Only thing I would've done differently is call the non-emergency phone #. Assuming there were not a lot of other emergencies at the same time, he likely didn't tie up 911 and the call would be dispatched the same. Many shore towns have marine patrol boats, some have fire, and some harbormaster. The only way they are getting the call off-season or off-hours is to pickup the phone and call-in. I had the pleasure of relaying a distress call I heard on VHF recently and called the local non emergency number and the town dispatch opted not to wake up the marine officers and wait until their shift started (boat hit rocks but not taking on water/actively sinking) and told me to relay to the boat to call sea tow which I think was a fair response.

r_ventura_23 02-01-2019 05:56 AM


Originally Posted by mystery (Post 12202172)
Only thing I would've done differently is call the non-emergency phone #. Assuming there were not a lot of other emergencies at the same time, he likely didn't tie up 911 and the call would be dispatched the same. Many shore towns have marine patrol boats, some have fire, and some harbormaster. The only way they are getting the call off-season or off-hours is to pickup the phone and call-in. I had the pleasure of relaying a distress call I heard on VHF recently and called the local non emergency number and the town dispatch opted not to wake up the marine officers and wait until their shift started (boat hit rocks but not taking on water/actively sinking) and told me to relay to the boat to call sea tow which I think was a fair response.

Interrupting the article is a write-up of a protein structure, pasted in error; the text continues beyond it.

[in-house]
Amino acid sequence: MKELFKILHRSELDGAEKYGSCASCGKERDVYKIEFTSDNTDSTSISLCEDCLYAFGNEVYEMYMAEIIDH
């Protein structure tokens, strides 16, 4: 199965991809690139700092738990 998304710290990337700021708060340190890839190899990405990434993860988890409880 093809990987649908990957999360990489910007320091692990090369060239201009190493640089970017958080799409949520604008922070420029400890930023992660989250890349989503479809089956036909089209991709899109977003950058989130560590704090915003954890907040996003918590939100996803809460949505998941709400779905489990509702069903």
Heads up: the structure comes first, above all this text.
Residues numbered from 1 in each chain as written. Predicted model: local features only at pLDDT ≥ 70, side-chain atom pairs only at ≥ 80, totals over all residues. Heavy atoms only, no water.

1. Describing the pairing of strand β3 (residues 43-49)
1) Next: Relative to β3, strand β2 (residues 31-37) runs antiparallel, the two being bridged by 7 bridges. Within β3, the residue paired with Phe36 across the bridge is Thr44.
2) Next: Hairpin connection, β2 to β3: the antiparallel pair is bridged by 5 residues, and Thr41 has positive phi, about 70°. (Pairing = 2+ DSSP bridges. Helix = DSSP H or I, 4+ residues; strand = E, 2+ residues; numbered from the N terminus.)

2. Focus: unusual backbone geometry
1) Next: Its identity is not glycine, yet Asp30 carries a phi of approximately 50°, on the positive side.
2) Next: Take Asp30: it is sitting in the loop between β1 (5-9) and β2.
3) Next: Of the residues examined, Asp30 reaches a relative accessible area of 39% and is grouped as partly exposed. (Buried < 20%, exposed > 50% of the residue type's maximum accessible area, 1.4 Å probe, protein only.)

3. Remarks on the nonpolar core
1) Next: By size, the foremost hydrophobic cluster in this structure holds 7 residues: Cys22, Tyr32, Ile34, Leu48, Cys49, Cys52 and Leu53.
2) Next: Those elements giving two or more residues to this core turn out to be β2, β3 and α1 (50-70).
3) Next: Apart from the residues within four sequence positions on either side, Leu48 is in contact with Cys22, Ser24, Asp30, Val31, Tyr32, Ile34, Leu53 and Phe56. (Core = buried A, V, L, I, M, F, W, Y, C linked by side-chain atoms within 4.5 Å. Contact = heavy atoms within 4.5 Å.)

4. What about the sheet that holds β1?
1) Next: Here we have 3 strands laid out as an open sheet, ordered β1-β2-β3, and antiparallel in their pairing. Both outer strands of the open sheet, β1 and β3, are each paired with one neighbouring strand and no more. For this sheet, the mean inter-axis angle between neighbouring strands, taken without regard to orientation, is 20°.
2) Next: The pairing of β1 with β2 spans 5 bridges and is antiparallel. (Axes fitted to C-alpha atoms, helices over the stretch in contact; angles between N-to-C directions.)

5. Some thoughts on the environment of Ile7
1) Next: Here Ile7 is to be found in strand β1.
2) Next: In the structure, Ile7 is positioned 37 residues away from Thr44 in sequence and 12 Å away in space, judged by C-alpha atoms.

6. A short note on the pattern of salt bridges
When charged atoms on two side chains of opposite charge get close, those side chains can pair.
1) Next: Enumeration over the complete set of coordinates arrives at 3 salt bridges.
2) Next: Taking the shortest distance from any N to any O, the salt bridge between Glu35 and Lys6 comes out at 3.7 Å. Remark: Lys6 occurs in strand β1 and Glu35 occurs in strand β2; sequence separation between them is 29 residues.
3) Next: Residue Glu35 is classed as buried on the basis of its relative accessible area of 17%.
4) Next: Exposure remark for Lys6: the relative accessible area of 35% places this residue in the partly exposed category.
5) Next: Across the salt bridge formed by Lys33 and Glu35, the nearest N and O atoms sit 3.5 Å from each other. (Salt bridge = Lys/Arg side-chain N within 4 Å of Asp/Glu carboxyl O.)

"Likely?" What if he did, and someone died because of it?

bobofthenorth 02-01-2019 06:06 AM